What is Data Unification?

Data unification gives a software system the ability to collect, digest, de-duplicate and export millions of data points from multiple sources.

Data collection no longer presents a challenge for businesses. Departments that focus on collection, storage and extraction of data are as common as accounting and human resources.

The issue now has become what to do with that data.

Having millions of different data points on issues such as customer demographics, retail sales and marketing spend is all well and good. But leveraging massive amounts of data in a way that helps achieve strategic business goals is another matter.

The issue becomes more complicated because data is often “siloed” – in other words, stored in separate databases or in systems that limit access to a specific set of users. That prohibits the merging of data to mine for useful insights into past business or to create predictive models.

In these cases, data unification provides a solution.

Before understanding why data unification is needed, it’s important to understand what it can do.

Essentially, it’s an approach that gives a software system the ability to collect, digest, “de-duplicate” and export millions of data points from multiple sources. Both human programmers and machine learning play key roles.

Humans are needed to write the programs that direct software on how to collect, match and merge data. This is an involved process, sometimes taking as long as six months to accomplish. Machines then can take these directives and use them to collect and interpret data from multiple sources, merging it into a cohesive data set.

Why is Data Unification Needed?

A good way to illustrate the usefulness of data unification is an example from General Electric.

The global conglomerate has 80 different procurement systems. They don’t share information. Applying data unification has a potential big benefit for the company.

For example, a procurement officer buying supplies cannot see beyond her own database for information on past prices. With data unification of all the company’s procurement systems, she can see prices for the latest deals struck with the supplier and then attempt to get the best price for her purchase.

It will take years for General Electric to completely unify its many databases. But ultimately, tying together the information offers them huge cost benefits. The company projects it could amount to saving $1 billion a year.

The numbers won’t be as huge with most companies and, of course, small businesses. But the benefits remain the same.

Rules For Data Unification

For those considering data unification, here are a few rules to keep in mind.

Identify Best Use

Not technical, but perhaps the most important step. Business leaders need to determine how unification of data can further strategic goals and then follow that path. Otherwise, as with any project, the lack of a concrete objective will lead to wasted time and effort.


To the extent the technology allows, automate the unification process once the proper codes are written by people to “teach” the system which data to collect and unify.

Most databases use ETL (extraction, transformation and loading) systems. These systems rely on matching terms to extract and combine data. However, humans would need to write code that creates rules for every transaction involving millions of records from multiple sources. That’s simply not workable.

In data unification, machine learning must play the largest role in transforming and merging data. The investment in such systems can eventually pay off and dig companies out of the data hole that many have created over the past two decades of data collection – a situation where plenty of data is available, but not in a form that maximizes its potential.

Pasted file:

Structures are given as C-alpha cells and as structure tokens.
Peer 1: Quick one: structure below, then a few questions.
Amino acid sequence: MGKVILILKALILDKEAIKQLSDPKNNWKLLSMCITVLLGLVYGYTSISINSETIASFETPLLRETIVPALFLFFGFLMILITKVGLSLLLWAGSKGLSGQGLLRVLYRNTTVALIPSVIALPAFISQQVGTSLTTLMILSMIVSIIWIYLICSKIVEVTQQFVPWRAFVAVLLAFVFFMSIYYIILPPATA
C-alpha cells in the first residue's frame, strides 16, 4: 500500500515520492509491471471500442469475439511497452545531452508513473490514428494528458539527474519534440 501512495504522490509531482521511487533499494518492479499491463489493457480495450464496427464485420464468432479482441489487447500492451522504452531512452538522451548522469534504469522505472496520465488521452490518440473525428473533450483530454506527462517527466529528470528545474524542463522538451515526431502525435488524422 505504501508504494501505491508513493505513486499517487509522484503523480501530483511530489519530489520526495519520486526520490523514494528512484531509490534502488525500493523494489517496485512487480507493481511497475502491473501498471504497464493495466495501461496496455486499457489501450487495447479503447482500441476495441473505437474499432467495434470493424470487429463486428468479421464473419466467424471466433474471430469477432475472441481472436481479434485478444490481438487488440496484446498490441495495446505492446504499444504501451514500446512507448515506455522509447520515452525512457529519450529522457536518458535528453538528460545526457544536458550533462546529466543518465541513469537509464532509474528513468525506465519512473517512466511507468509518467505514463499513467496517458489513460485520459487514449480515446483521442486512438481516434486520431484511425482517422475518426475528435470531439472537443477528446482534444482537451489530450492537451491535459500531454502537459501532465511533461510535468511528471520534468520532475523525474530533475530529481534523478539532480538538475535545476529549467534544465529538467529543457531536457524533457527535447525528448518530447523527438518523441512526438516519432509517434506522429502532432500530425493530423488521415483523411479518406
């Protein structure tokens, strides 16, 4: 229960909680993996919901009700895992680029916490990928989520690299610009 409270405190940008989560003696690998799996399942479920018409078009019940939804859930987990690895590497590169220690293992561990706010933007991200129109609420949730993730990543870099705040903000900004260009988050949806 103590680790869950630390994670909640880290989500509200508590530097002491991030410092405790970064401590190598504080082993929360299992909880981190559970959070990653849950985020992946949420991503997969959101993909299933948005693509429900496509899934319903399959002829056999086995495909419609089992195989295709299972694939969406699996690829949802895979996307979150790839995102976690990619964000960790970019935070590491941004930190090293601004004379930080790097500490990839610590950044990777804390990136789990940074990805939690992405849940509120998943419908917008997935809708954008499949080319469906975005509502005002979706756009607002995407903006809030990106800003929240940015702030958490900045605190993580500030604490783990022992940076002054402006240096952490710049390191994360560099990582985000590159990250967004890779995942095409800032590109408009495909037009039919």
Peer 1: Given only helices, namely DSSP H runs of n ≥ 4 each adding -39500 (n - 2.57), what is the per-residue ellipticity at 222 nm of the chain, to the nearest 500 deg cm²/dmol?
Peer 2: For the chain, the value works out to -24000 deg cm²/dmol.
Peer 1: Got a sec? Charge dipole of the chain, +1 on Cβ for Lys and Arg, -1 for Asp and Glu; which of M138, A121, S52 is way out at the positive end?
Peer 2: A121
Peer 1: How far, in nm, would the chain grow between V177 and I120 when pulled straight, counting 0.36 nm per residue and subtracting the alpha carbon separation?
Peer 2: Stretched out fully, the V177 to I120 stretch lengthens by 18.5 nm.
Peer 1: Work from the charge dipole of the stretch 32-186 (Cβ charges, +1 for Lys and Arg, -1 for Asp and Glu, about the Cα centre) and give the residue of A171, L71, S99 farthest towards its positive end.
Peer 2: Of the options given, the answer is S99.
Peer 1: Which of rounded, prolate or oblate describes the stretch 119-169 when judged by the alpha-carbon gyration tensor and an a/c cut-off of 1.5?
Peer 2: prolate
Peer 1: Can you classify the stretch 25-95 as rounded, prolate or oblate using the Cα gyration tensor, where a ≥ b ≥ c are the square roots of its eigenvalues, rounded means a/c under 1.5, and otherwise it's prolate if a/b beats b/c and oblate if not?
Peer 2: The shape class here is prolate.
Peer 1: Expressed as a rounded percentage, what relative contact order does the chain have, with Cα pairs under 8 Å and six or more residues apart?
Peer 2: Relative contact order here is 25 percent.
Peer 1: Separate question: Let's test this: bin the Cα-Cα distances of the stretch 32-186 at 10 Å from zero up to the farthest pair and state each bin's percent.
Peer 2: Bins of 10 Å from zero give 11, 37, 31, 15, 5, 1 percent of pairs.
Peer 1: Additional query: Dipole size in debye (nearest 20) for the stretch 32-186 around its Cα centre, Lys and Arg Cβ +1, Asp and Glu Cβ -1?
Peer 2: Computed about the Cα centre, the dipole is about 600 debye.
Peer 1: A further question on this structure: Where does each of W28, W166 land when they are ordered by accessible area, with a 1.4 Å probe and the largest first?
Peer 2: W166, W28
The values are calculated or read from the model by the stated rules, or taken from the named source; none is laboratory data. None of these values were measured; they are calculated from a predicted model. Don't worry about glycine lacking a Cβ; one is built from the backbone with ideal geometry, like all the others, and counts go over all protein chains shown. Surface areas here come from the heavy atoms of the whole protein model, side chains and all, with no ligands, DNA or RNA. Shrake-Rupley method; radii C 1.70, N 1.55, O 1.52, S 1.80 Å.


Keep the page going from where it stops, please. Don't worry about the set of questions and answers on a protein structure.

Machine learning is powerful, but people still need to talk. Data experts writing the rules for unification must collaborate with subject experts before completing the code. In the above case with General Electric, a code writer may not know if suppliers with similar names are one supplier or two. However, a procurement officer will know right away. The project cannot just be handed off to data scientists, there must be collaboration with experts within the company on specific areas.

Machine Learning Advantage

Traditional ETL systems extract and store data typically from single sources. For example, retails sales or marketing spend. A schema is created beforehand, and programs are written for data sources mapped to the schema. Data is collected and cleaned (elimination of duplicate data, for example).

This schema-first method will not work in data unification. The amount of data is too vast, and things become more complex when combining internal data with external data.

While humans are needed to set up the system and augment when necessary, machine learning is required to handle the large datasets from multiple sources. Fortunately, technology has evolved to the point where machines can do the job with remarkable speed and precision.

More Examples

Despite the cost and time commitment, many companies have made the move into data unification in addition to General Electric.

Toyota Motors Europe, for example, is connecting customer data from hundreds of distributors across Europe. The company had separate databases for more than 10 million customers, but now has a unified database across the continent that allows for better customer service as they move through the customer journey. The ultimate goal for Toyota is customer satisfaction and loyalty, leading to further sales.

Information company Thomson Reuters also used machine learning to merge data from hundreds of different business acquisitions and the merger of Thomson and Reuters, which were separate companies until 2008. Machine learning sped up the process by months and reduced manual effort by 40%.


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